Evolving technology has driven a shift across Europe from legacy analogue CCTV to network video solutions providing immediate and significant benefits when it comes to securing critical transport systems. As the UK struggles to keep pace, Lucas Young discusses the business case for protecting transport infrastructures with IP camera and audio technology.
With a number of high-profile attacks on mass transport systems across Europe, and Scotland Yard recently warning that the UK’s terrorism threat level will remain at ‘Severe’ for some time to come, it’s abundantly clear that the industry simply cannot be complacent when it comes to security investment. While funding remains a challenge, this must be weighed up against the requirements for public transport authorities to provide both an efficient and safe service.
As per the three core principles prescribed by the UK Government’s Centre for the Protection of National Infrastructure in protecting assets, first of all a threat should be deterred, then detected and then delayed. It’s unlikely that an organised threat will be deterred by a security system which is only capable of providing an historical record of an attack episode. The system must also be able to provide real-time detection and allow countermeasures to be initiated in a timely manner.
While the international transport market continues to keep pace with the latest developments in real-time network camera technology, the UK has stagnated in its adoption. Despite plans for pan-network IP systems to be installed in many areas, and certain transport providers leading the way, significant parts of the UK’s transport infrastructure are still to be upgraded from analogue. This is partially due to the lack of a modern communications infrastructure capable of handling large amounts of data.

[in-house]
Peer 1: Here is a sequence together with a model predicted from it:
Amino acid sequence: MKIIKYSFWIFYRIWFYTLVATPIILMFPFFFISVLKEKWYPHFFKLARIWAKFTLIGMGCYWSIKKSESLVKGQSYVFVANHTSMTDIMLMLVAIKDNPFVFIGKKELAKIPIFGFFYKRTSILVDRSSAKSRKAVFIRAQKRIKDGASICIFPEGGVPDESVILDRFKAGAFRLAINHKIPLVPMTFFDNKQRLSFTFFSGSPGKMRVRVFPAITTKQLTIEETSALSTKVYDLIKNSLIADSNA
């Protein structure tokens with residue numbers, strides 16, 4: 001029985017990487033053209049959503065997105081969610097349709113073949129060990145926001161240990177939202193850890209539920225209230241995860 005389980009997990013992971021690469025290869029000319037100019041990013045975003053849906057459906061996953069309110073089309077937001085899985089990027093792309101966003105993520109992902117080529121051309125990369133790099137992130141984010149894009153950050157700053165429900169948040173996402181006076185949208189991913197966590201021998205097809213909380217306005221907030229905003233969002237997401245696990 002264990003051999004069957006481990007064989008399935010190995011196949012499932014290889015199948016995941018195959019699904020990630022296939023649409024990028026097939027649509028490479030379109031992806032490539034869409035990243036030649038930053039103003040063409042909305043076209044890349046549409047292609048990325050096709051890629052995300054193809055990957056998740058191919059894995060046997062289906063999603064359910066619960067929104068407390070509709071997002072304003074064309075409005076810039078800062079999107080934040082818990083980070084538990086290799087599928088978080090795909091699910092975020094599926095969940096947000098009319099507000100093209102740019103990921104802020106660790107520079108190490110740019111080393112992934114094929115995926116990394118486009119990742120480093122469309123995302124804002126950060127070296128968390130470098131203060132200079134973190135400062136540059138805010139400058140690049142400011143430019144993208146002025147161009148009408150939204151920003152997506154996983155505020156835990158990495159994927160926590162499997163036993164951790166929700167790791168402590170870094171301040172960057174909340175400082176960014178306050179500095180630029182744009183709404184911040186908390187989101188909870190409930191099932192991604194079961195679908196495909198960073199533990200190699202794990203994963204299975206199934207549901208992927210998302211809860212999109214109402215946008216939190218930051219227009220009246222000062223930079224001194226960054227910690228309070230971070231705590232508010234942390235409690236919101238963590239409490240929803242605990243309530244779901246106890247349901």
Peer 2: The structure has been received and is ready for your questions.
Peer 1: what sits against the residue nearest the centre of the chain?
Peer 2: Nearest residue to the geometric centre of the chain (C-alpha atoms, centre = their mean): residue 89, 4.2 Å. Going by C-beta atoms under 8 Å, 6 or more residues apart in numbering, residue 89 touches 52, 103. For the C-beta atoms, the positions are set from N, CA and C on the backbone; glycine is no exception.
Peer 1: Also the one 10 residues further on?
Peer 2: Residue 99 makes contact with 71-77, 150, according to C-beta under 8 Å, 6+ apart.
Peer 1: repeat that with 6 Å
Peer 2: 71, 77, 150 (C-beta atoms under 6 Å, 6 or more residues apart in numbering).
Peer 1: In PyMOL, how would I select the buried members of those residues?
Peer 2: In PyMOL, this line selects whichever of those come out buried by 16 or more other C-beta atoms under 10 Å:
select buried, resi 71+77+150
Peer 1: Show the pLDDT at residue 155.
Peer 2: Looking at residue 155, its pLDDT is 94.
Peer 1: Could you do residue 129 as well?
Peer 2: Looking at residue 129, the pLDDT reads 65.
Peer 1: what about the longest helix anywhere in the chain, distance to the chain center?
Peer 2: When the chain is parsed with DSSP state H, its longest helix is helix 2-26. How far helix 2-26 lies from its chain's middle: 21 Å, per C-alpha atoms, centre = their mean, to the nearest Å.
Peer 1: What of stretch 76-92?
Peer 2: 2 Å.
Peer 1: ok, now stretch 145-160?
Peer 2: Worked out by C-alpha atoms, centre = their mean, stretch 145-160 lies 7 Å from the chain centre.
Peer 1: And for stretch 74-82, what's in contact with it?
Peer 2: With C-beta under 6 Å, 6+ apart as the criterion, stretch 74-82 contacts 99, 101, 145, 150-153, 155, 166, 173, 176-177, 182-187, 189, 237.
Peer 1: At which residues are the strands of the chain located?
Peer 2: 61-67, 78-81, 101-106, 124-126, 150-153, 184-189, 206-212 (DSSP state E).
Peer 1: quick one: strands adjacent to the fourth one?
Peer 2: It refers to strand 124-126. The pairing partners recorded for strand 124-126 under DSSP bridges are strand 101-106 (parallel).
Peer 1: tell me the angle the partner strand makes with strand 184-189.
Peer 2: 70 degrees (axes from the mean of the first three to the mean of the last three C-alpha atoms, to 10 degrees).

The UK: an early adopter
Despite the relatively limited use of IP video technology across UK transport infrastructures, the UK was actually an early adopter of modern network cameras. Network Rail led the way with a comprehensive upgrade of Reading Station back in 2013, while London Underground followed close behind with its first fully-IP station at Canary Wharf in 2014.
However, there are still significant parts of the rail network that are yet to be given the same attention.
In a bid to understand the key challenges involved with upgrading to a networked solution, Axis Communications commissioned a survey in collaboration with Union Internationale des Transports Publics (the global public transport organisation) that deliberately targeted stakeholders in areas such as rail, bus and ferry transport. With virtually all respondents explaining that they had some form of video surveillance installed, 85% also stated that they would consider IP camera adoption at some point in the future.
When asked about obstacles to upgrading, the most common response was the perceived “lack of a clear business case”. This highlights that technology vendors perhaps haven’t played a big enough role in highlighting the safety, security and business benefits of upgrading to IP. Three quarters of those same respondents had analogue cameras in place, suggesting that more education is needed around the benefits of IP video systems beyond the forensic capabilities of CCTV.
Latest IP technology
While video surveillance technology is widely used in the transport sector, the UK must accelerate its adoption of the latest IP technology if it’s to keep pace with the rest of Europe. Educating key decision-makers on the benefits of integrating systems to deliver real-time video and alerts will be key, while also demonstrating the operational and business intelligence benefits to be realised.
Ultimately, transport operators stand to gain in the form of a return on their investment from an enhanced ability to integrate IP cameras with business performance optimisation technology. This assists organisations to derive long-term value from their fiscal investment, adapting and scaling it in line with not only security, but also more traditional operational business needs.
Real-time usage with analytics
Real-time usage with analytics is on the rise as public transport system operators seek to respond to security events as and when they happen. Given that those operators are faced with hundreds of live feeds, automated alerts can assist in managing the large amounts of data generated, subsequently assisting with both monitoring and prioritisation.
Incidents being reported in real-time means that there will be more opportunity for live feeds to be shared with third parties.
Lucas Young is Business Development Manager for the Transportation Sector at Axis Communications